Front Page Titles (by Subject) Chapter II.: KNITTING AND UNRAVELLING. - Illustrations of Taxation (1. The Park and the Paddock, 2. The Haycock, 3. The Jerseymen Meeting, 4. The Jerseymen Parting, 5. The Scholars of Arneside)
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Chapter II.: KNITTING AND UNRAVELLING. - Harriet Martineau, Illustrations of Taxation (1. The Park and the Paddock, 2. The Haycock, 3. The Jerseymen Meeting, 4. The Jerseymen Parting, 5. The Scholars of Arneside) 
Illustrations of Taxation (1. The Park and the Paddock, 2. The Haycock, 3. The Jerseymen Meeting, 4. The Jerseymen Parting, 5. The Scholars of Arneside) (London: Charles Fox, 1834).
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KNITTING AND UNRAVELLING.
The pottery business was not brought quite to a stand in consequence of the master’s absence. The women could not undertake to carry it on as usual; and there was not money enough coming in to pay the people’s wages: but Anna was on the spot to read the letters that came; it was thought a pity that the horse should either be sold or stand idle; and, what was more, the boy Brennan seemed to have gained ten years in spirit and wisdom since he had been taken notice of by Durell. One of the workmen, who had been on the premises a good many years, and who cordially disliked Studley, was willing to do his best to keep the concern going, either till Aaron should appear or Le Brocq be released. The little fellow at the lathe remained, and one furnace was employed, just to execute the most pressing orders, and preserve something of the credit and custom of the establishment. Nothing more than executing orders was attempted; for it was very undesirable to add to the stock. Anna’s wish was to dispose of enough of this stock to pay her father’s fine and the law expenses, which together made no small sum: but, whether from a suspicion respecting the fair dealing of the family, arising from Le Brocq’s imprisonment, or from the absence of all the parties who could push the business, no sales could be effected. Durell put her in the way of advertising in the newspapers; from which nothing accrued but the expense of the advertisements. Brennan exerted all his ingenuity to embellish his handywork; but his endeavours brought no new customers. He was chidden by the man under whom he worked for his fancies about new patterns. He was grumbled at by his comrade at the lathe for keeping him after working hours, to finish some fresh device. He was gravely questioned by his mother about spending a portion of his hard earnings in buying some new runners which formed a remarkably pretty ring-pattern for his jars; and, after all, nobody bought a jar or a flask the more. Hour after hour, Anna sat amidst her stock, growing nervous over her work in listening for footsteps. Day after day, she came in to dinner, without any news for her mother, and almost afraid to meet her inquiring eye. The stock was offered at a low price. If she could have sold the duty-paid part of it, her father would have been injured by being compelled to sacrifice his interest upon the advance of duty he had made for his customers. As it would not sell, he was more injured still. He could not get back the principal of this advance. It seemed as if Le Brocq could not escape in any way from being injured by this excise system. So it was; and so it is with all who in this country buy any thing, or make any thing, or live in any less primitive manner than Robinson Crusoe or Little Jack.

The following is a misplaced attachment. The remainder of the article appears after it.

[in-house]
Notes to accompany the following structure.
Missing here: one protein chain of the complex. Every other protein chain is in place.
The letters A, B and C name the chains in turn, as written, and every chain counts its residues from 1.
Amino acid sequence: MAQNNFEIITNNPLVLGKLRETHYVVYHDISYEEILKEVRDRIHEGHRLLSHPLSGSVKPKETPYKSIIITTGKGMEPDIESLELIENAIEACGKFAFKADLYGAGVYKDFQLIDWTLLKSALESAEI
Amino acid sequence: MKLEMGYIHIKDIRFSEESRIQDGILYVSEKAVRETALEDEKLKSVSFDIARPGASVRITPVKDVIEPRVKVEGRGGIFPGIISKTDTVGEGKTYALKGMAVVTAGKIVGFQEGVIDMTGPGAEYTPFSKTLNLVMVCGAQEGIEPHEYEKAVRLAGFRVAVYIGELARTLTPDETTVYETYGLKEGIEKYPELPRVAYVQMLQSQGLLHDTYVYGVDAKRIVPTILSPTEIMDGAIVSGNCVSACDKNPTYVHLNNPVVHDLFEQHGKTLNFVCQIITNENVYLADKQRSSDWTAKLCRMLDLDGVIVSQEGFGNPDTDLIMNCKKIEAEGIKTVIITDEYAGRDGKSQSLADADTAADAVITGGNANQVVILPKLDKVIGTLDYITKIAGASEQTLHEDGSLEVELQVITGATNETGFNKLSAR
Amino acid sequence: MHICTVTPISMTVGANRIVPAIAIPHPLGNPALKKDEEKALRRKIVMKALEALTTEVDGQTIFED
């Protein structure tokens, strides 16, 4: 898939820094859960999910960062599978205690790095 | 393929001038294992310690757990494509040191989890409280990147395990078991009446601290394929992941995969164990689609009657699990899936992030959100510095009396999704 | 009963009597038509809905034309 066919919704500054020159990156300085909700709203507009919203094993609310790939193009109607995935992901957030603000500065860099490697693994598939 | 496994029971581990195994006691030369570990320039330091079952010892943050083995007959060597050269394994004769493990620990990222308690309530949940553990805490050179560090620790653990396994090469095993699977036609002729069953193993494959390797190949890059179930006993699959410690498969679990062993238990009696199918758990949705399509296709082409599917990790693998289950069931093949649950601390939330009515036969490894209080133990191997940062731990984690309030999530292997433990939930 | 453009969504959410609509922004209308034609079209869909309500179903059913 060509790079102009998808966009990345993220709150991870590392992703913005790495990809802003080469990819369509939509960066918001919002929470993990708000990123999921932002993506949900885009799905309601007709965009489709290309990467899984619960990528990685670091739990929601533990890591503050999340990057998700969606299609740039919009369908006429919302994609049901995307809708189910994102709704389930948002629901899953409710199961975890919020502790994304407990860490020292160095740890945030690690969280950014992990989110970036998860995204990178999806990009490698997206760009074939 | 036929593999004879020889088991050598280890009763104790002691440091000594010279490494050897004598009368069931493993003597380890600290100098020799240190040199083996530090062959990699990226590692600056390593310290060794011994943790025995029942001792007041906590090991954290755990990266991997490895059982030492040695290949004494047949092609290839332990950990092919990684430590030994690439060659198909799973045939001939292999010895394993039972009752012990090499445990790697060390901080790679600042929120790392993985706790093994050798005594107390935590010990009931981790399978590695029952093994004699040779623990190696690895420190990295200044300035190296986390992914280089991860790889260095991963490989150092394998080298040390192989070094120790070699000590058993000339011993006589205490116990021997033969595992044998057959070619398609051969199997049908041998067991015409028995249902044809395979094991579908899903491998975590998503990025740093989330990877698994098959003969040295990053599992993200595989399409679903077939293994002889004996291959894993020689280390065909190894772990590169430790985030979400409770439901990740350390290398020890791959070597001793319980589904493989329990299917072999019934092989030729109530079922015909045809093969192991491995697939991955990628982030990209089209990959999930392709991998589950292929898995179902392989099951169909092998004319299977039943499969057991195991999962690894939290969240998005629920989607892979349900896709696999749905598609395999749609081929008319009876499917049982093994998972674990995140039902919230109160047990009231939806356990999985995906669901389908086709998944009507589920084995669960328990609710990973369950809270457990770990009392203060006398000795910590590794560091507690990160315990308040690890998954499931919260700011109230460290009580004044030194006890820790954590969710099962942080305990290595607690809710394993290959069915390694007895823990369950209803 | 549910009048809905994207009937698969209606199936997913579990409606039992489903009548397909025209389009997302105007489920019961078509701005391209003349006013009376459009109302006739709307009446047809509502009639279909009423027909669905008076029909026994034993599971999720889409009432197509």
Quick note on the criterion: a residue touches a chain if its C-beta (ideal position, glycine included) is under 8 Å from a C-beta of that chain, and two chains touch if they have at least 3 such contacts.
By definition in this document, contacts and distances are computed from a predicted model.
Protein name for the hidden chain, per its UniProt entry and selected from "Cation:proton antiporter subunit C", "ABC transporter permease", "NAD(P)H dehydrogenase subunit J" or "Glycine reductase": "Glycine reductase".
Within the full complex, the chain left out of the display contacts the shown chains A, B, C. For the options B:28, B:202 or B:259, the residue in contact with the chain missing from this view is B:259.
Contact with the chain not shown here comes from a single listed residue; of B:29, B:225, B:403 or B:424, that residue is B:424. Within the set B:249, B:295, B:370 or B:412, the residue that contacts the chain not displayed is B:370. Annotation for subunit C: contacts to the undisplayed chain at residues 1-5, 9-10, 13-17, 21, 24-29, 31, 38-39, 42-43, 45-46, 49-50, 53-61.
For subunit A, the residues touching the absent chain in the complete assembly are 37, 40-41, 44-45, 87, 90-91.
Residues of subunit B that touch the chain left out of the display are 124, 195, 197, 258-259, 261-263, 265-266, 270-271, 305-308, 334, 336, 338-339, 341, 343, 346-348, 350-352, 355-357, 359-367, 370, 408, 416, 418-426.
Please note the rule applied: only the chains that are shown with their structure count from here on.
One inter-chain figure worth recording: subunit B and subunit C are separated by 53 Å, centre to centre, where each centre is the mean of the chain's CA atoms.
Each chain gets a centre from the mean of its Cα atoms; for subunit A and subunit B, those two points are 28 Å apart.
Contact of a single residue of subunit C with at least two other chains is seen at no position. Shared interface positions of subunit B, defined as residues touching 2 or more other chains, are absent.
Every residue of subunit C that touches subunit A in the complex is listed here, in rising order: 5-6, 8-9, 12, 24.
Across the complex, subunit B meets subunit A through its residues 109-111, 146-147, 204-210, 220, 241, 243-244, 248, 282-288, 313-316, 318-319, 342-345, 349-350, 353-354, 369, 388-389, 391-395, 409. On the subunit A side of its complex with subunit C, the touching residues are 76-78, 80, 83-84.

There was another reason for Anna being nervous over her work, besides listening in vain for customers. The affair of the tea had never come to an end. From the quantity of business before the court, and from other circumstances, it had been postponed; and one or two of Anna’s friends had tried to persuade her that she would hear no more of it. But she was too anxious to be easily comforted. She knew Studley too well to believe that he would stop short of injuring the family to the utmost. She found that she was legally guilty; and she suffered little less than if she had been morally guilty. Day and night was the idea of approaching exposure and punishment before her. There were but few people,—not half-a-dozen of her nearest neighbours,—who would believe in her utter ignorance of the excise laws; and her character for fair dealing would be gone. If Aaron had not run away, she almost thought she should. She could now fancy how people might be driven to destroy themselves. The old feeling which had embittered her childish disgraces now came back upon her,—that if she could but get out of this one scrape, she would go somewhere where she could never get into another. If she forgot her apprehensions for an hour in her concern for her parents’ troubles, they came back to plunge her into redoubled misery. It may be doubted whether many criminals suffer so much in the prospect of their trial and punishment as did this innocent girl from the consequences of a factitious transgression. They who prepare the apparatus for such transgression can little know what demoralization and misery they are causing, or they would throw up their task.